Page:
Mucins (MUC) are high-molecular-weight glycoproteins constituted by a protein backbone (apomucin) and carbohydrate side chains. The vast majority of mucin glycosylation is constituted by O-glycans which are linked to serine (Ser) or threonine (Thr) residues on the protein backbone, and, in fact, more than 50% of the mucin molecular mass is composed of carbohydrates. The primary functions of mucins are to hydrate, protect, and lubricate the epithelial surfaces within the human body.
There are two main classes of mucins: membrane-bound mucins, contributing to the composition of the cellular glycocalyx, and secreted mucins, contributing to the composition of the extracellular matrix or the mucous barrier that covers all epithelial surfaces in the human body, except the skin. Mucins share a common structural feature which is a tandem repeatdomain comprising a variable number of tandem repeats (VNTRs) of identical or highly similar sequences rich...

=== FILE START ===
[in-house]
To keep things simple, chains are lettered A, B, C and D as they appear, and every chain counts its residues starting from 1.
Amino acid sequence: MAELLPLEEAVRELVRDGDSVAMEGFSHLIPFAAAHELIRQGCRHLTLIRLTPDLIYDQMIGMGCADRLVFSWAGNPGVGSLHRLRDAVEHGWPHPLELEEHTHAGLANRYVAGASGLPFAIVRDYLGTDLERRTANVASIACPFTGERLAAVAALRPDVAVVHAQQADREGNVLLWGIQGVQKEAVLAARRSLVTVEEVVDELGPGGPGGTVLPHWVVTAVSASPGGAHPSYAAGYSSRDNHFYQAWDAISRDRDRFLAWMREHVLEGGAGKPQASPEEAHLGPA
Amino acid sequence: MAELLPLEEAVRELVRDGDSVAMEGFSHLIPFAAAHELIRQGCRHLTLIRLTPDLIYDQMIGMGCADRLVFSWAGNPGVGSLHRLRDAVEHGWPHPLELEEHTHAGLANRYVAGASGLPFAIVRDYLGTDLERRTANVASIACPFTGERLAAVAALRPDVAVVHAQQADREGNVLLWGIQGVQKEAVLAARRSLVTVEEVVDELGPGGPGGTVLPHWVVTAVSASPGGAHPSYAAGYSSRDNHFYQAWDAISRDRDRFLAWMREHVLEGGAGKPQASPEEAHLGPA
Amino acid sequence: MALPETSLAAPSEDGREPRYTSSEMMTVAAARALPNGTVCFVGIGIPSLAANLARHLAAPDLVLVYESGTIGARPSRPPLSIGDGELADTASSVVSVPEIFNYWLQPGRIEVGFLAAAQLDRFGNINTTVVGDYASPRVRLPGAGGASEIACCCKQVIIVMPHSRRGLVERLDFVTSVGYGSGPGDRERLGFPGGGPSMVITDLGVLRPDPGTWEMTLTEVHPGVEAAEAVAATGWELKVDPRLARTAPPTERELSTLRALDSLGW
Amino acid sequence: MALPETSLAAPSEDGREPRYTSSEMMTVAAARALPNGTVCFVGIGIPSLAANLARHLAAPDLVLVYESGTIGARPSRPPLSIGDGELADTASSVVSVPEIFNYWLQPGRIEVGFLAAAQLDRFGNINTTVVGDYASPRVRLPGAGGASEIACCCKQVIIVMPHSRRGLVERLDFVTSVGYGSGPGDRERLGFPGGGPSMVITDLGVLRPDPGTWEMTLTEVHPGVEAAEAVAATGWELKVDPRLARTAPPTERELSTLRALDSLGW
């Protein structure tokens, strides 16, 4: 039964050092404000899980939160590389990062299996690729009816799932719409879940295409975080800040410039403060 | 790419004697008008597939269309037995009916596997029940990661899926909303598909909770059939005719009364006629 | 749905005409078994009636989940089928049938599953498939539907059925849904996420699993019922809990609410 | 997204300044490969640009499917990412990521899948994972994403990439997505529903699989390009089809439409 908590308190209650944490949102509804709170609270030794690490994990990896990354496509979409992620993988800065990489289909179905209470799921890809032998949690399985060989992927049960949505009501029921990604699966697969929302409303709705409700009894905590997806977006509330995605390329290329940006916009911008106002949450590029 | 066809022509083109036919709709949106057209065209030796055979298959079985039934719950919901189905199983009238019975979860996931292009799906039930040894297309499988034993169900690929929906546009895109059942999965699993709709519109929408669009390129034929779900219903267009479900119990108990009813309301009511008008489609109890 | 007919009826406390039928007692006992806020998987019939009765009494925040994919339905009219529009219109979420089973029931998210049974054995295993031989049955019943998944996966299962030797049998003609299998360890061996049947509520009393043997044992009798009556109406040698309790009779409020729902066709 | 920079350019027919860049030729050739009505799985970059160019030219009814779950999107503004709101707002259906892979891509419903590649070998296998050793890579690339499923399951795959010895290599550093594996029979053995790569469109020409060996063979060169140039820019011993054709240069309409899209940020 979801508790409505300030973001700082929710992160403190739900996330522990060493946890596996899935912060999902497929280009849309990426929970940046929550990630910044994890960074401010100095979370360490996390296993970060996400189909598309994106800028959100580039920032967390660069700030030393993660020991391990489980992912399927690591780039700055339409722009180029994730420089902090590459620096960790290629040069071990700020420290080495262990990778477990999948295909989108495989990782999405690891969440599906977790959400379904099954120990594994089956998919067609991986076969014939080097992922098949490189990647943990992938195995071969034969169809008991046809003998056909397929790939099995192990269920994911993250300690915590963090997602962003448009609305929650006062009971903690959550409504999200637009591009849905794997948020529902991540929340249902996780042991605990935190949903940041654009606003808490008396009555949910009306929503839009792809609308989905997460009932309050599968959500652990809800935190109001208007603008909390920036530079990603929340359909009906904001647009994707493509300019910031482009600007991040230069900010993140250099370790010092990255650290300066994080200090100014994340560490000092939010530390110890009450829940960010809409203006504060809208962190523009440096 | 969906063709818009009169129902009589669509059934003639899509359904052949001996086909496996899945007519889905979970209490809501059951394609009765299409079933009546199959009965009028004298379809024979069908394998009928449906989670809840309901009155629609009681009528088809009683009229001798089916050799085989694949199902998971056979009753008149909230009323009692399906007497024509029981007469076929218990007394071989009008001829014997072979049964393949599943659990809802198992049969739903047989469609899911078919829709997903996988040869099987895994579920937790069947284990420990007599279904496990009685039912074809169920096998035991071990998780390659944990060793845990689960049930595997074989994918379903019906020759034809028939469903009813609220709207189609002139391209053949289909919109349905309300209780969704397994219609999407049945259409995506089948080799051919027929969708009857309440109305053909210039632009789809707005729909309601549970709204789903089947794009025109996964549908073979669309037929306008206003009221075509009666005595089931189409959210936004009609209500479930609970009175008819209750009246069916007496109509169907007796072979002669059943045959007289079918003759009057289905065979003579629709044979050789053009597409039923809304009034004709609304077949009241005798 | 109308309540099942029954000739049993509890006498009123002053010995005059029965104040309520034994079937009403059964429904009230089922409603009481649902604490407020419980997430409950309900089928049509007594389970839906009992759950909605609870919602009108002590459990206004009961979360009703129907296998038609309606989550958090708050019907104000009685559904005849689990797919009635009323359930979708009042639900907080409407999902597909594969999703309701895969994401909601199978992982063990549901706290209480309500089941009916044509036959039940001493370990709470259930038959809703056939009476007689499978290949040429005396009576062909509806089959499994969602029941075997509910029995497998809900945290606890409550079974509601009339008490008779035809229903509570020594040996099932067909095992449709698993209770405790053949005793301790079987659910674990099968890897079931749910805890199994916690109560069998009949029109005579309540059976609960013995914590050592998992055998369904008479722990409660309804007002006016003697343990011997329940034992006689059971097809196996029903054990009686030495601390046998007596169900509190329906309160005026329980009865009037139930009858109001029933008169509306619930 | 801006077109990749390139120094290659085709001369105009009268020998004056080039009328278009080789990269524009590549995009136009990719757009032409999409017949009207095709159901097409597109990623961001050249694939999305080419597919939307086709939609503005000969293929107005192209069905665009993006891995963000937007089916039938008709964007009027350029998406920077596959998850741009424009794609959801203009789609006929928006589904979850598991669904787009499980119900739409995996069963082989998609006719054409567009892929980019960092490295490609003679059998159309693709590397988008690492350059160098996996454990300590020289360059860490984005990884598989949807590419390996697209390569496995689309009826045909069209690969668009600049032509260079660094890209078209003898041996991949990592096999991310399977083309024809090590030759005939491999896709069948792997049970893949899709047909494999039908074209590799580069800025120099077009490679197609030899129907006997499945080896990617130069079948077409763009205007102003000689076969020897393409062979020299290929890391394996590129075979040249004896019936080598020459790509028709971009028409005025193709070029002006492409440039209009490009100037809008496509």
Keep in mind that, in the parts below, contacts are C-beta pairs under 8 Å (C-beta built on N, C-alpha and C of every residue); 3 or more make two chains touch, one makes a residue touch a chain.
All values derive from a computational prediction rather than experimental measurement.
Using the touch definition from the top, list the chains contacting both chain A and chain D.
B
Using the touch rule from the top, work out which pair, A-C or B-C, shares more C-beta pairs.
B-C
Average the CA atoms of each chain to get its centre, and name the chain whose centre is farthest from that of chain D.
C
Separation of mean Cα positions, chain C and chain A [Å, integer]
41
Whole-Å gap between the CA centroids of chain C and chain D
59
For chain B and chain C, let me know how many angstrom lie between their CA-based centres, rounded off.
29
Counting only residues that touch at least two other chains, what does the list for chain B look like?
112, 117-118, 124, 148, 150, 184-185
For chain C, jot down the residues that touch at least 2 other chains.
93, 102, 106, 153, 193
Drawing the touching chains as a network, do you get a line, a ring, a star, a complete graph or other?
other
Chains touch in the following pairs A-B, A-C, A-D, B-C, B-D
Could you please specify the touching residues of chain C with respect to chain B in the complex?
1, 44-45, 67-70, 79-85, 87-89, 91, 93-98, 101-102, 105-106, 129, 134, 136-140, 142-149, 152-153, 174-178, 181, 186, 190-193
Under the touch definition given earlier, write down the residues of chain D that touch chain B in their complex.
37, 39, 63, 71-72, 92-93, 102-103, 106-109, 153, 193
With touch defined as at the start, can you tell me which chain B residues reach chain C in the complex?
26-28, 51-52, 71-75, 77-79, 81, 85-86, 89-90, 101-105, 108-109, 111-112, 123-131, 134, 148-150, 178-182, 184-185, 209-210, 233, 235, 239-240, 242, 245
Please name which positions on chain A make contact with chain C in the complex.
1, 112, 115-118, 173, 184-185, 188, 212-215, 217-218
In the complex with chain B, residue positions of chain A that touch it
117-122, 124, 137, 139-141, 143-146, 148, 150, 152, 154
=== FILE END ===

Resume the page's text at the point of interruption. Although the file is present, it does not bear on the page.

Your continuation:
References and Further Reading
- Teixeira, A., David, L., Reis, C. A., Costa, J., & Sobrinho-Simões, M. (2002). Expression of mucins (MUC1, MUC2, MUC5AC, and MUC6) and type 1 Lewis antigens in cases with and without Helicobacter pylori colonization in metaplastic glands of the human stomach. The Journal of Pathology, 197, 37–43.CrossRefGoogle Scholar